Wheat growers and agronomists aiming to control Septoria tritici should not rely solely on triazole fungicides, and especially one alone however effective it seems.
That was the warning to delegates at the Association of Applied Biologists’ Crop Protection in Southern Britain conference from NIAB TAG‘s Stuart Knight. It followed a presentation from INRA researcher Anne-Sophie Walker highlighting the emergence of so-called multi-drug resistant (MDR) strains of the fungus in France and Belgium in 2008 and more recently in the UK.
Mrs Walker explained that laboratory studies showed there was a wide range of strains, all having various degrees of resistance to different triazoles through at least two main mechanisms. But the MDR strains appeared to show higher levels of resistance to all azoles and had built up in French fields between 2009 and 2010, almost certainly because the azoles applied by growers were selecting for them. There were also indications of reduced sensitivity to some other fungicides such as strobilurins and recently introduced SDHIs.
“We’re sure it’s something new – we haven’t seen it before. But at the moment we don’t know how it may develop,” she said.
She stressed that no field resistance had yet been seen in practice. “Yes, resistance is increasing, but it’s still at very low frequency and chemicals are working.”
More work was required to determine how the MDR strains were overcoming the fungicides and how relatively fit they were besides other strains, she said.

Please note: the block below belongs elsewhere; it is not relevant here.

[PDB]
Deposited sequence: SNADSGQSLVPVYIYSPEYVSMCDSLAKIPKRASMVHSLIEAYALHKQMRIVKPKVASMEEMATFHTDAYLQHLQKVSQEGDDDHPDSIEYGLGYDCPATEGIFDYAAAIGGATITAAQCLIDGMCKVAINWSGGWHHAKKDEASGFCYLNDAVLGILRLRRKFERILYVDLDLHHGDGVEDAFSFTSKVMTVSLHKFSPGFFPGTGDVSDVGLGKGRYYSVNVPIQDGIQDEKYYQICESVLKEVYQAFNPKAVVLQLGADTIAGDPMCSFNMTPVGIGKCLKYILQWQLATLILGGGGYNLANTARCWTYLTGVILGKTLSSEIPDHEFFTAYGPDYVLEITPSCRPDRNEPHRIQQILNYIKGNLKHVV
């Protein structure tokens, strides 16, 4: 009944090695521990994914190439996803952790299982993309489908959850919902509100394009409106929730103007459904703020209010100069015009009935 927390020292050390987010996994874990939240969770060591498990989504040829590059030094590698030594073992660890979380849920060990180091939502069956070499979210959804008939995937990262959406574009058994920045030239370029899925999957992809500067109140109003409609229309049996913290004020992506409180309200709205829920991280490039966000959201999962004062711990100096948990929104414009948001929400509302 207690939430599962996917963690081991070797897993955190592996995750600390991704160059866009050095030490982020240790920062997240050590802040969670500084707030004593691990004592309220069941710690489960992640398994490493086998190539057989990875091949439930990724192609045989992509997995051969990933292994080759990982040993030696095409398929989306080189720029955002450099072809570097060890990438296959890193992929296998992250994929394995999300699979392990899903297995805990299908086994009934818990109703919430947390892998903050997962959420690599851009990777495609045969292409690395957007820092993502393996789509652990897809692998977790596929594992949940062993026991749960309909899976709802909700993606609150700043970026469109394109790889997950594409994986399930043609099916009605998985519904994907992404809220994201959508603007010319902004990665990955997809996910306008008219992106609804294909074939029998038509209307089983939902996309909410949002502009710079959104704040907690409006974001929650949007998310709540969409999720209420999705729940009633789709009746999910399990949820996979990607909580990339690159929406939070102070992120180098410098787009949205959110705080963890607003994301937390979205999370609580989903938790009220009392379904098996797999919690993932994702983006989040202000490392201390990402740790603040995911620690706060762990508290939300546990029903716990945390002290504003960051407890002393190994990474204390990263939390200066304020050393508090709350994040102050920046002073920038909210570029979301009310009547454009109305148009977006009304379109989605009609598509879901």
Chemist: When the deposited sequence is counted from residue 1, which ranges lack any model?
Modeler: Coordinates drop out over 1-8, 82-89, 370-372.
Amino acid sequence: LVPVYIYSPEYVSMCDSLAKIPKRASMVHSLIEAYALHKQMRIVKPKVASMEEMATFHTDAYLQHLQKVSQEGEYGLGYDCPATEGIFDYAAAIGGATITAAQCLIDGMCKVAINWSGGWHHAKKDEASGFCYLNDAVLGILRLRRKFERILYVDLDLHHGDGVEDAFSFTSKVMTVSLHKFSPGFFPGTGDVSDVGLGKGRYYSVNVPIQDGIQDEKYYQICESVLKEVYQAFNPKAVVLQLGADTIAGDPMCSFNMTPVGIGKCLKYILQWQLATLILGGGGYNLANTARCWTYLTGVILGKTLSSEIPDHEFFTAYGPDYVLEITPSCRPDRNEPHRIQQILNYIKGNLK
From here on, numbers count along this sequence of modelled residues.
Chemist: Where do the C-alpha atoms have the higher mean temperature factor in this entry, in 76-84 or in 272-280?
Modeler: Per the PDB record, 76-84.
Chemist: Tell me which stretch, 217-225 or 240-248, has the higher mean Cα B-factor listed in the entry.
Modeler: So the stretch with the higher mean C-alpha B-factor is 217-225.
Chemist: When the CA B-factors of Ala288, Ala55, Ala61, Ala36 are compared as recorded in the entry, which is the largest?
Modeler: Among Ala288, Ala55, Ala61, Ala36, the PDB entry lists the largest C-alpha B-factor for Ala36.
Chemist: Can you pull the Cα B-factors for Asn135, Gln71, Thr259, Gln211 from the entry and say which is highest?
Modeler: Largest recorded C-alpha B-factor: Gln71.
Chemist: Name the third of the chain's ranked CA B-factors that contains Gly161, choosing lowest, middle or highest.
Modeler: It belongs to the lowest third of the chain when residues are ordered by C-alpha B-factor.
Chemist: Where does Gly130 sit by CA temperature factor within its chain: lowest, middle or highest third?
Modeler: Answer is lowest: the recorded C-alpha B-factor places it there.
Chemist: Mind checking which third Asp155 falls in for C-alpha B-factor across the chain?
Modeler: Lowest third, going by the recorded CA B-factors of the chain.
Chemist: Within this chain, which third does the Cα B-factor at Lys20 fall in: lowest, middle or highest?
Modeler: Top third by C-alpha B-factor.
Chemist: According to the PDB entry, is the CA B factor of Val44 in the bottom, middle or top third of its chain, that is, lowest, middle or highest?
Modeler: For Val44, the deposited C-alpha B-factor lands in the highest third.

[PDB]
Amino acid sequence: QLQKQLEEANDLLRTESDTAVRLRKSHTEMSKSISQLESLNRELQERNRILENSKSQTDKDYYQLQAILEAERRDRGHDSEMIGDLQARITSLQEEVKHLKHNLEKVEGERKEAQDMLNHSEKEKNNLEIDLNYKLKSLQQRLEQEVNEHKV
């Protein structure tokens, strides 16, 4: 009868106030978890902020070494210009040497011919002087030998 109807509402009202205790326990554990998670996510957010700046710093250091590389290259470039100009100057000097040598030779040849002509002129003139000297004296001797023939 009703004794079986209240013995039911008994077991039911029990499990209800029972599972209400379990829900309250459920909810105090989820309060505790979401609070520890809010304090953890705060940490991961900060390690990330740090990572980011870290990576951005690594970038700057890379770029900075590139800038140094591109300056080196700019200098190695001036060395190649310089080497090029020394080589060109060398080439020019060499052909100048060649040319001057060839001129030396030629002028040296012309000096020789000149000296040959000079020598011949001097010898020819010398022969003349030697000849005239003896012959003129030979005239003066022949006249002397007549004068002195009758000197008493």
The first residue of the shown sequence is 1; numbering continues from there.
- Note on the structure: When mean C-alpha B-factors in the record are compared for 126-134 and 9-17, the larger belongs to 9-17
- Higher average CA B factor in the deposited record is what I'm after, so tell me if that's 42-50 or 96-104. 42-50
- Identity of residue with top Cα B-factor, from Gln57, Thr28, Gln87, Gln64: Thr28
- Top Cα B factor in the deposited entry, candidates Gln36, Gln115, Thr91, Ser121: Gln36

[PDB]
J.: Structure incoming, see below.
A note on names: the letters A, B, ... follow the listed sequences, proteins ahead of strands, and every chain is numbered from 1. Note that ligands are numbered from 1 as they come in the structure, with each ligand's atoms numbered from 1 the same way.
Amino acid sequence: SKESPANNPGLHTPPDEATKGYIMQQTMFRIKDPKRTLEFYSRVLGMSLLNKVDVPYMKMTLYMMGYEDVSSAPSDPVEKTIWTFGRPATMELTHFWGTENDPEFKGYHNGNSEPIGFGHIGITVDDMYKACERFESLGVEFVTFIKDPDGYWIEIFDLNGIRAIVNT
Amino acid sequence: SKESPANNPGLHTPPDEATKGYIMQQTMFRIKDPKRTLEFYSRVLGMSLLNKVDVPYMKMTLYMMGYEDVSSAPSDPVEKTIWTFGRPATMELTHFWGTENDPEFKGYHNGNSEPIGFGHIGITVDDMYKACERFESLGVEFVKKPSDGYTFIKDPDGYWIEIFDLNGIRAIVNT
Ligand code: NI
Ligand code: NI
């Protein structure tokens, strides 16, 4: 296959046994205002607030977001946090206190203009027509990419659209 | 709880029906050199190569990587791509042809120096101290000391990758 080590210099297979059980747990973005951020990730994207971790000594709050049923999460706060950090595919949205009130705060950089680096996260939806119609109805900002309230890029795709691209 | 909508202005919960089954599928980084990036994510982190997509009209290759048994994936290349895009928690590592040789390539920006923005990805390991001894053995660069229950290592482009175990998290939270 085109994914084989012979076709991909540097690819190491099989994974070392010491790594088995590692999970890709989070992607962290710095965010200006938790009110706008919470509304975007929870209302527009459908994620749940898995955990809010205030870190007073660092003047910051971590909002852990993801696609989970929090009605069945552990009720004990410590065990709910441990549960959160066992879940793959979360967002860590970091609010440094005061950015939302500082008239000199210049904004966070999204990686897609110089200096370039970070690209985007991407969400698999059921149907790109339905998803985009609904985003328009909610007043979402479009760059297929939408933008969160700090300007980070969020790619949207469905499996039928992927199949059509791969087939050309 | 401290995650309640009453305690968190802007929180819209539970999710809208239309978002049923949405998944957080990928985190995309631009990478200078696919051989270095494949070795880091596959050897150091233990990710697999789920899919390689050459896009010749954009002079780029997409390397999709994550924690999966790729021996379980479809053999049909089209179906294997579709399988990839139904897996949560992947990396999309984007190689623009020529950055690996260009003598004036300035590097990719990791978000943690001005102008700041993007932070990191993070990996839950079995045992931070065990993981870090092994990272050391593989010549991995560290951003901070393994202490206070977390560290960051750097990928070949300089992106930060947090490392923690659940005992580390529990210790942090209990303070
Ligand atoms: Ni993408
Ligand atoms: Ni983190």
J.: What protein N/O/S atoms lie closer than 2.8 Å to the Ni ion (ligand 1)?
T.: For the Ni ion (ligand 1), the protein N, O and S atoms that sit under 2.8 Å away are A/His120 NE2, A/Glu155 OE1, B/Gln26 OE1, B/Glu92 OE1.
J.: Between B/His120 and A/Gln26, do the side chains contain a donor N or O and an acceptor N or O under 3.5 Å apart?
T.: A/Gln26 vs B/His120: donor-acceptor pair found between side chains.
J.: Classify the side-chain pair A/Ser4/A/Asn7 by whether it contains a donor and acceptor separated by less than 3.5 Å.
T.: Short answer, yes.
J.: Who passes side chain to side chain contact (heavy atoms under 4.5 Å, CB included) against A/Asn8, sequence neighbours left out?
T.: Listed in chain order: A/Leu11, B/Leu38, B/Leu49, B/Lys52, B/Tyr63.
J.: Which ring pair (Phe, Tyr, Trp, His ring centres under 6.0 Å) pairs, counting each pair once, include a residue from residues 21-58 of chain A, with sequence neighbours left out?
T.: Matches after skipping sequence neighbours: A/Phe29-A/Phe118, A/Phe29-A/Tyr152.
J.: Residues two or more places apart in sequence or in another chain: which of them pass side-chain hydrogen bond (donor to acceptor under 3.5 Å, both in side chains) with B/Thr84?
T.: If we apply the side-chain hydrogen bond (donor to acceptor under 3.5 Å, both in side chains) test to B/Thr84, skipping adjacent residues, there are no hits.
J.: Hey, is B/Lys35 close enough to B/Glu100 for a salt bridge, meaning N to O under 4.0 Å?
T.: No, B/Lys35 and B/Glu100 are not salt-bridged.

Mr Knight explained that NIAB TAG had worked closely with INRA since 2007 collecting septoria-infected leaf samples and sending them for analysis of the strains present.
That work had been backed by field trials comparing the effect of full rate fungicides applied in mid-May to early June against untreated crops.
INRA found that by 2008 all sites tested were dominated by moderately resistant strains.
“The good news is that the most effective azoles are still giving very good control in the field,” said Mr Knight. “And the recently introduced mixtures are very good at eradication.
“But there’s no room for complacency.”
MDR strains had been picked up in Lincolnshire in 2009 and Warwickshire last season, and it was likely that they were already present elsewhere in the country, he said.
The field work confirmed that the relative effectiveness of various azoles remained unchanged, mixtures offering benefits over single products.
“There’s a good ranking order. Tebuconazole is significantly less effective, prothioconazole and epoxiconazole are still performing well, and formulated mixtures containing epoxiconazole plus a second azole both at high doses are clearly a further step ahead.”
Last season’s low septoria pressure meant overall control was better than the 2007-2010 mean, he noted. “But we must accept that these emerging phenotypes will increase, and we must avoid becoming over-dependent on azoles.”
Reporting on a December European and Mediterranean Plant protection Organization workshop, at Rothamsted Research, attended by 70 delegates from 12 countries, the Chemicals Regulation Directorate‘s Paul Ashby echoed Mr Knight’s warning. But the picture was complex, he stressed.
Shifts in fungal sensitivity did not always result in field resistance. “The shifts have been gradual, but further change can’t be ruled out.
“Maybe the story has yet to unfold because septoria pressure wasn’t very high last year.”
There seemed to be no direct link between septoria resistance and the area of varieties grown, he noted.
“Prescriptive remedies aren’t possible because of the complexity. But it’s very clear that continued use of the same azole is not a good idea because it will shift the population.
“The positive point is that there’s a lot of variation within the azole group.”
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